From mind to canvas: Creating art with synesthesia
All original work: Laura Herman.
It was a red day in a green month. The peppery sounds of the piccolo floated out the doors of the band room as I hurried by. Late, I sprinted through the door into my seventh-grade science classroom, muttering an apology and my teacher’s name: a soft purple sprinkled with flecks of sandy brown. The class began as usual, boring rainbow words spilling out of his mouth. Suddenly, a sky-blue colored word fell off his tongue that would turn my world upside down: synesthesia.
“Synesthesia,” he said, “is the union of senses otherwise unconnected in a ‘normal’ brain.” He described Albert Einstein using shapes instead of numbers to complete mathematical algorithms and briefly scoffed at the absurd idea of colored letters.
This was a revelation to me: Could it be that none of my classmates saw our teacher’s name in purple with flecks of sandy brown? Were A’s not inherently fire-truck red nor Z’s metallic gray? Did not everyone find it efficient to memorize phone numbers according to their color palettes?
I immediately began to read every article I could find on this mysterious “disorder,” “disease,” “condition,” or “superpower.” It seemed as though researchers did not even know how to classify my sixth sense.
As it turns out, every day of my life, I have been wearing rainbow-colored glasses without realizing it. Cemented to my eyes like irremovable contact lenses, they turn letters into colors, music into tastes, and time into space. As soon as I got home that afternoon, I began interrogating my parents to find out if they too saw B as indigo or K as lavender. They stared at me, dumbfounded — undoubtedly questioning my sanity. It was in that moment — a blue hour and an orange minute — that I made the decision to discover why A is red, why rap music is salty, and why my perception of the world around me is invariably tinted by my beloved rainbow-colored glasses.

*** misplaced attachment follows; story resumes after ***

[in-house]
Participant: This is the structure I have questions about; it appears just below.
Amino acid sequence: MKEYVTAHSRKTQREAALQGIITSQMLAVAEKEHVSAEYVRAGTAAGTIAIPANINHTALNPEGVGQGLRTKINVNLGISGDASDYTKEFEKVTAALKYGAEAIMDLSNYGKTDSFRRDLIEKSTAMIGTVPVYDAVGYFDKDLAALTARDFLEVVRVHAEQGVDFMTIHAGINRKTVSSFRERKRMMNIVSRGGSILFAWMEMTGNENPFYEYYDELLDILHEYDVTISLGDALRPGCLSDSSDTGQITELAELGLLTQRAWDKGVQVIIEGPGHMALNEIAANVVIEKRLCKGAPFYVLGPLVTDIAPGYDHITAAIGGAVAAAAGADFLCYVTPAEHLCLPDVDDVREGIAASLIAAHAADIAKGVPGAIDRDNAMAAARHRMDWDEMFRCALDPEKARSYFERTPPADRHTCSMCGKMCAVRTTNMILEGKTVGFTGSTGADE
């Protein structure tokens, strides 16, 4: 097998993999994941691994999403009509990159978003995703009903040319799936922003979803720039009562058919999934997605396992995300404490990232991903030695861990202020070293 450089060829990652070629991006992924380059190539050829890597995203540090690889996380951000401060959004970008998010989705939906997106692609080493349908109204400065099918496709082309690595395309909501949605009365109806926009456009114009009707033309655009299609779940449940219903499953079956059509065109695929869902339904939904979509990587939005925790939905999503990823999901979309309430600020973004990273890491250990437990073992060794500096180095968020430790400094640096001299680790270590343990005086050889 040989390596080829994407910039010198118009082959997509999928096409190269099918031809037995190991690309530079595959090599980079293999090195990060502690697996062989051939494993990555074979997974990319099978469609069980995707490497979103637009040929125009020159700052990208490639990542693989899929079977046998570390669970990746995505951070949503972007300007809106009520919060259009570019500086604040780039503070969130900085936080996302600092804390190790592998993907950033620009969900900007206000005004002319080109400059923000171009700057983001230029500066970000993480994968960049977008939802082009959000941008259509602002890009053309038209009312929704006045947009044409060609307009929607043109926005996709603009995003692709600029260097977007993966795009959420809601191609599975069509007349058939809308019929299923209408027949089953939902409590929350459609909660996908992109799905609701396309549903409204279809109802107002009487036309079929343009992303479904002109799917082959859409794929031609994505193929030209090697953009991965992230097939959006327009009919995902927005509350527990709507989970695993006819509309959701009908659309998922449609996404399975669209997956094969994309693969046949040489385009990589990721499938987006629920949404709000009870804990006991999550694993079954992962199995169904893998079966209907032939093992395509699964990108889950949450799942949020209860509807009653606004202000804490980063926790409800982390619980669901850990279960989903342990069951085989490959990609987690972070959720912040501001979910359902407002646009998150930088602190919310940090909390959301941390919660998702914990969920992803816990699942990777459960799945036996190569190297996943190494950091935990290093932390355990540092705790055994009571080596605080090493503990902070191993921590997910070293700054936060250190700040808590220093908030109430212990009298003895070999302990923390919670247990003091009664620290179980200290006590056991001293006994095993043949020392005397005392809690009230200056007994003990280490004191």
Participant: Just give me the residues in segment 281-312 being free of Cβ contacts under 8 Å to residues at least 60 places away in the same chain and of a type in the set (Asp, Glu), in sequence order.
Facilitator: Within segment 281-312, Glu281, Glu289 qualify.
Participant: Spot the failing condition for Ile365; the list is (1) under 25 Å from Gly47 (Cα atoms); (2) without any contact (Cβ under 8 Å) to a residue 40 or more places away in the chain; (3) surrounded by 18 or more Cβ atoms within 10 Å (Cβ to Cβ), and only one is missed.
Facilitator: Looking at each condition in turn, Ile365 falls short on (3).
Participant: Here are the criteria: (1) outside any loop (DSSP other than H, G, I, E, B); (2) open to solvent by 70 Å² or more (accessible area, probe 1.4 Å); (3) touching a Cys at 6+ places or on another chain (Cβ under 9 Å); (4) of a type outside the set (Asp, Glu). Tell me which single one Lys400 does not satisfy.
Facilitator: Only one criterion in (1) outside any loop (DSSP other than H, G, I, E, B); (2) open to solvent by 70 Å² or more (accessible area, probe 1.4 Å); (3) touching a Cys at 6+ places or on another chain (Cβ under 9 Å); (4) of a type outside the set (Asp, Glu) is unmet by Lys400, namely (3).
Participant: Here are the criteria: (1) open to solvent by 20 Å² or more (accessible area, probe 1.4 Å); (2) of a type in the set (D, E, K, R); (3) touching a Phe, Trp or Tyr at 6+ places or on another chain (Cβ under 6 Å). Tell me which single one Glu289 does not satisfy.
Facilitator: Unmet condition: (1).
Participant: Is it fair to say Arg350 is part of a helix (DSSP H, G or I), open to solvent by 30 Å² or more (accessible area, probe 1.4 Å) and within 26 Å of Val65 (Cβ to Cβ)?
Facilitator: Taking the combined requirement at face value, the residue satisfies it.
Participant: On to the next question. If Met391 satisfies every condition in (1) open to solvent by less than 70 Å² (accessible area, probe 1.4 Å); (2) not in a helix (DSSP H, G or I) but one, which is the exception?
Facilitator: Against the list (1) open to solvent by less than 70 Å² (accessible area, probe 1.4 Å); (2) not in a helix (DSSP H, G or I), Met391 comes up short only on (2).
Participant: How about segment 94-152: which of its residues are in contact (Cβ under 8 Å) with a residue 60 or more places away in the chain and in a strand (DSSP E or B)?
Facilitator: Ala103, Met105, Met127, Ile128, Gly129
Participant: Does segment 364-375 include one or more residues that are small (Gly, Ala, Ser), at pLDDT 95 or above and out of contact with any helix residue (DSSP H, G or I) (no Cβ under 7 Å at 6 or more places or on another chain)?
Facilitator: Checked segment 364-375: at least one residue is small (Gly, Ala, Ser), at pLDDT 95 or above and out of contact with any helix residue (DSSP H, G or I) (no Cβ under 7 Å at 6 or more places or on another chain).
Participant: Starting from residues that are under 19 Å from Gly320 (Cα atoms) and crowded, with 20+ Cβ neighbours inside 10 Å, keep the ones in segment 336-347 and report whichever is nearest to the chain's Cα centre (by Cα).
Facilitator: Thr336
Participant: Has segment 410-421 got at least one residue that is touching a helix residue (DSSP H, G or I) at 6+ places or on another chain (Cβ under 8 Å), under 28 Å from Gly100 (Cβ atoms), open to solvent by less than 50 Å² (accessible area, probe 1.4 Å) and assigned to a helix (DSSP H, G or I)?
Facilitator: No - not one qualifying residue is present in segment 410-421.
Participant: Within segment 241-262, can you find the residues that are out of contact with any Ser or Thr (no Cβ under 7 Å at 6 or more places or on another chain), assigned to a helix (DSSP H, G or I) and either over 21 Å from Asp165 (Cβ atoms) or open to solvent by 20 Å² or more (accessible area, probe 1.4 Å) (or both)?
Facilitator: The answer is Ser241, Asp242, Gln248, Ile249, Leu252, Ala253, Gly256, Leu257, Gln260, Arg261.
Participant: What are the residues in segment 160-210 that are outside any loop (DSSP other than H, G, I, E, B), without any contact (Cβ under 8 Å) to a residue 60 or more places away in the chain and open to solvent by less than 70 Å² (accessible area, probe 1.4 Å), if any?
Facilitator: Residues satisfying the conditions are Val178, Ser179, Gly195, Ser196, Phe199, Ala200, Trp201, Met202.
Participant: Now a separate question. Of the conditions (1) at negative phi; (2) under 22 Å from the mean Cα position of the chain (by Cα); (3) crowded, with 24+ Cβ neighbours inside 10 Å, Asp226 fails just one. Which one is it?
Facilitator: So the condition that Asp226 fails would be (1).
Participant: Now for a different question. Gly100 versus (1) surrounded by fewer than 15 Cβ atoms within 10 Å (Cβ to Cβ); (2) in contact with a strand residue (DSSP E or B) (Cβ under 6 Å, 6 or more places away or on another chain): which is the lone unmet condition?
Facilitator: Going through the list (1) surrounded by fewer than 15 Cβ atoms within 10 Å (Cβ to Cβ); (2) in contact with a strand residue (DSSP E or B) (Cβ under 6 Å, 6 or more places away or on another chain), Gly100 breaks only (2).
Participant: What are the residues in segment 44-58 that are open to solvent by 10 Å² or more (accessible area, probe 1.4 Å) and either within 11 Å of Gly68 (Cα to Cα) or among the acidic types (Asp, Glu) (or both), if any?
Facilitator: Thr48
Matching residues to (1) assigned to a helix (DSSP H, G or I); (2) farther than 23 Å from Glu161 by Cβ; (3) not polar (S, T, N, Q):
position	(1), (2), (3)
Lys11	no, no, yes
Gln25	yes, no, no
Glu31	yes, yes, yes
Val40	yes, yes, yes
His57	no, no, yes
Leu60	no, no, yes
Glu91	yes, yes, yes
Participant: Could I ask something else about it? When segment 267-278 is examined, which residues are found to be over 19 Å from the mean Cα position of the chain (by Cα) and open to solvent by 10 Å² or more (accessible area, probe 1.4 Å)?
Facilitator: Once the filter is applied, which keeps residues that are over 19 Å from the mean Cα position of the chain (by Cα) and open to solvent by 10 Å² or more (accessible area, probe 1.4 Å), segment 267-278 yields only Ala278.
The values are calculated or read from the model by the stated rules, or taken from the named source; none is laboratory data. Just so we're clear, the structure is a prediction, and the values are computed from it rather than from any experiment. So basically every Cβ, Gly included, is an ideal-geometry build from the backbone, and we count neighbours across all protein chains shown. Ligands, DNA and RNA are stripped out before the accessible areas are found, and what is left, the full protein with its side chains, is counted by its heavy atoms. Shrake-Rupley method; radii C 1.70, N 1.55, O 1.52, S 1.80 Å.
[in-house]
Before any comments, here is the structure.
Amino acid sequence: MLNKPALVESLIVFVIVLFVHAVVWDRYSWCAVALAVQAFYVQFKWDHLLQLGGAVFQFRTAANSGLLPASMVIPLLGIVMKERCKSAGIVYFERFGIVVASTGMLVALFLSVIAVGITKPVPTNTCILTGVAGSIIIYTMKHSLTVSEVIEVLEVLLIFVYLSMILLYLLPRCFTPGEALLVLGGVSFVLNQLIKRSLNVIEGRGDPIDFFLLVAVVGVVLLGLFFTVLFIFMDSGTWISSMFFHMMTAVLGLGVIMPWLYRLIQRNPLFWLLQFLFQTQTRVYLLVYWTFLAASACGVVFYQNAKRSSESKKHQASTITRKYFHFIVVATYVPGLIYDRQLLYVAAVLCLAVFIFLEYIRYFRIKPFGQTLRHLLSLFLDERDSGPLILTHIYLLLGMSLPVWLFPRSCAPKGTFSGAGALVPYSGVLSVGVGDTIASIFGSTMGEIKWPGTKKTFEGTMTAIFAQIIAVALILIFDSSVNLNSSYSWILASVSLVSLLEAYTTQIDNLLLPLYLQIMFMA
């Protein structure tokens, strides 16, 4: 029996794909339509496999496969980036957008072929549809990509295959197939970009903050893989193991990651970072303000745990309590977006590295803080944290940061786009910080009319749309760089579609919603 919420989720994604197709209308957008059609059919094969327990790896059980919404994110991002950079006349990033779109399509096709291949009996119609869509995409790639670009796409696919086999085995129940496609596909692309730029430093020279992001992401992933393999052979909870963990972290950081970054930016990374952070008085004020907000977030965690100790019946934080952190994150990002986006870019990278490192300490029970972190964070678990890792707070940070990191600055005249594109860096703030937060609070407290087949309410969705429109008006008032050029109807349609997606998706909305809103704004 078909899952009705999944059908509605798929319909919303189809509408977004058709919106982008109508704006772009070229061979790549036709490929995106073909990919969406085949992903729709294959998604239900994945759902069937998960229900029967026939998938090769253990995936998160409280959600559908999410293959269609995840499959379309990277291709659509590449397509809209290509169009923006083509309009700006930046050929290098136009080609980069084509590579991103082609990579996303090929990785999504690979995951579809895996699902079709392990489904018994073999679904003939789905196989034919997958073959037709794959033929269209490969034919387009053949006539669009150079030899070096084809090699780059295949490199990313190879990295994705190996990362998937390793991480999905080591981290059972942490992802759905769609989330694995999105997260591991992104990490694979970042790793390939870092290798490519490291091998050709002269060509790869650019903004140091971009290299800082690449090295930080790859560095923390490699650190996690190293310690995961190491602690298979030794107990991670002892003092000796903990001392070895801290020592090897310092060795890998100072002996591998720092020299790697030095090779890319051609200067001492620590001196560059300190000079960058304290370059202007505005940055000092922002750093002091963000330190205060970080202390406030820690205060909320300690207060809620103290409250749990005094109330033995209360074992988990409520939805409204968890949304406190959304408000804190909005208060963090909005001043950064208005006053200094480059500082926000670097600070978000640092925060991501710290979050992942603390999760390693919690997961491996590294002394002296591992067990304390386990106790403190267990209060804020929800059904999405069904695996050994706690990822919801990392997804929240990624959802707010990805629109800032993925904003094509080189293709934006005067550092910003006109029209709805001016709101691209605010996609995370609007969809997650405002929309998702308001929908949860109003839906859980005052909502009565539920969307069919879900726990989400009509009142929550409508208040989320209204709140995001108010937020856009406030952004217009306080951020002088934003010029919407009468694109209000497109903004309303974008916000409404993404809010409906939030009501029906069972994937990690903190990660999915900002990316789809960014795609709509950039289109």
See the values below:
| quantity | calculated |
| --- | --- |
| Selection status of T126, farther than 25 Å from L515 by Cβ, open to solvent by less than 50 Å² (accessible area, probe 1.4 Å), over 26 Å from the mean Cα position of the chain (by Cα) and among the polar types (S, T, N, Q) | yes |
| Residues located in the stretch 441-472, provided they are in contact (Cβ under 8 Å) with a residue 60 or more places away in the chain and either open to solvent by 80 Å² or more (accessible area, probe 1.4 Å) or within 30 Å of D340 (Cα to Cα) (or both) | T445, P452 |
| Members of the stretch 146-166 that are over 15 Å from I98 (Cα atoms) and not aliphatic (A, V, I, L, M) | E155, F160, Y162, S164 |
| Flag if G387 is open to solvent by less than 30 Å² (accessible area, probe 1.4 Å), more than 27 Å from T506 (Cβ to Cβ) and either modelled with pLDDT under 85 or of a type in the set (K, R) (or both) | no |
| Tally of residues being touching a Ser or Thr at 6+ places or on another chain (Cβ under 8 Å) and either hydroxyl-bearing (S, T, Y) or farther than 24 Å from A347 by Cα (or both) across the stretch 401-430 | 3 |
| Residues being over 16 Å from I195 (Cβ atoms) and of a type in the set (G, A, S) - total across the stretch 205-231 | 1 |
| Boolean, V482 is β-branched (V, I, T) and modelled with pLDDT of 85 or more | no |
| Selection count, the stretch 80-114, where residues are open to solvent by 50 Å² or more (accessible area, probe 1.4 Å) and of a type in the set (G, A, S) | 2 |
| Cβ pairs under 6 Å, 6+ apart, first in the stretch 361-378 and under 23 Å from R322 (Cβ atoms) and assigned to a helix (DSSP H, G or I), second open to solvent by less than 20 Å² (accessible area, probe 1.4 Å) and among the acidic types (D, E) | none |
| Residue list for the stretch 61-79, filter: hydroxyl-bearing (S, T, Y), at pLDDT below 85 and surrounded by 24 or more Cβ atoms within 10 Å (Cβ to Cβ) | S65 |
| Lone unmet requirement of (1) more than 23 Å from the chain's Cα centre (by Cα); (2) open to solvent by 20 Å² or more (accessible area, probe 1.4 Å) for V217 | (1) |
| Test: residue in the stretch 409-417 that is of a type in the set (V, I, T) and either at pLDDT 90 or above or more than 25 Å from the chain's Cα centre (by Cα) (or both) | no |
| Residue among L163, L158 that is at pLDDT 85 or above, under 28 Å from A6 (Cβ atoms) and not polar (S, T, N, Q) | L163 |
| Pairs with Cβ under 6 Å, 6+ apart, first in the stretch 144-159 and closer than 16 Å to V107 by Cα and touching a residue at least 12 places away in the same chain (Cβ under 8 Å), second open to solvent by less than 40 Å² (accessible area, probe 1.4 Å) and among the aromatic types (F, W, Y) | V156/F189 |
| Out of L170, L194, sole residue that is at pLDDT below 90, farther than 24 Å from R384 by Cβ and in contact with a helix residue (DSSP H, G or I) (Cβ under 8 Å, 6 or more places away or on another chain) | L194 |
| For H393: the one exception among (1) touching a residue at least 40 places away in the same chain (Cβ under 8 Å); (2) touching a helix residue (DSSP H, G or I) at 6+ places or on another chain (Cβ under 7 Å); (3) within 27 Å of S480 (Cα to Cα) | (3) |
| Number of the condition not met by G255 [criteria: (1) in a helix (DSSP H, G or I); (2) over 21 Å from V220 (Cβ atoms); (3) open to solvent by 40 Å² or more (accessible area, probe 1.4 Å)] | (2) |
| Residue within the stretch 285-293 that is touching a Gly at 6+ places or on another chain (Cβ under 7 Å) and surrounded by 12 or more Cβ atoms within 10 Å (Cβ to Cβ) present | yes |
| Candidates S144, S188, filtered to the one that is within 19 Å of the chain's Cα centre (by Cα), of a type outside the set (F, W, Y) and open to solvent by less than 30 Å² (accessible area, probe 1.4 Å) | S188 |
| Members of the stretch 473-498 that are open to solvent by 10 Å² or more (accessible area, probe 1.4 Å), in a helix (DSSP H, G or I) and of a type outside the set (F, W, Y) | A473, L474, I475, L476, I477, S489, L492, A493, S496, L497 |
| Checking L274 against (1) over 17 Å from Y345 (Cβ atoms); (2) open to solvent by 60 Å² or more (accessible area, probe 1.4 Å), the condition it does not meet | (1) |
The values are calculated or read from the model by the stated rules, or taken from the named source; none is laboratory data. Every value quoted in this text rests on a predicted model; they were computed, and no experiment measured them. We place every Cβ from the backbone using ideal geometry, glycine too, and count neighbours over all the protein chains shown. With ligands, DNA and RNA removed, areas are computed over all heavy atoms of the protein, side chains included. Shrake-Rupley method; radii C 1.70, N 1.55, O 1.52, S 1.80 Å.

Fast forward a few years, and I began working in a university laboratory studying human perception, attention, and cognition. Of course, my first project focused on synesthesia: I set out to deduce a correlation between certain letters’ association with certain colors. After that, I was hooked. To me, the human brain felt like our generation’s western frontier. We know so little about how we perceive the world around us, except that it is often hugely inaccurate — allowing wild fluctuations in attention, misconceived interactions, and sensory illusions galore.
Toward the end of my cognitive neuropsychology degree, I began to study one of the most difficult human perspectives to pin down — and one often avoided by cognitive scientists: that of artists and designers. How do you quantify creativity and harness artistry?
For the past two and a half years, I have worked at Adobe as a user experience researcher, studying users’ perceptions of — and interactions with — creative software. In particular, I have been researching our newest suite of iPad apps. It has certainly been an interesting experiential conundrum to pack decades worth of desktop tools’ cockpit-like functionality into nimble, streamlined, multi-touch interfaces. However, these streamlined interfaces — while perhaps difficult to construct — do make the creative experience more approachable and intuitive.
For years, art has been a passion of mine: my friends tease me that the first place I go upon arriving in a new location is always the local art museum. I have engaged in numerous art-based research projects. I have gone to academic conferences on artistic creativity. I have even been on the committee of several community art projects. But I did all of that without ever creating any art or thinking of myself as a member of the artistic community.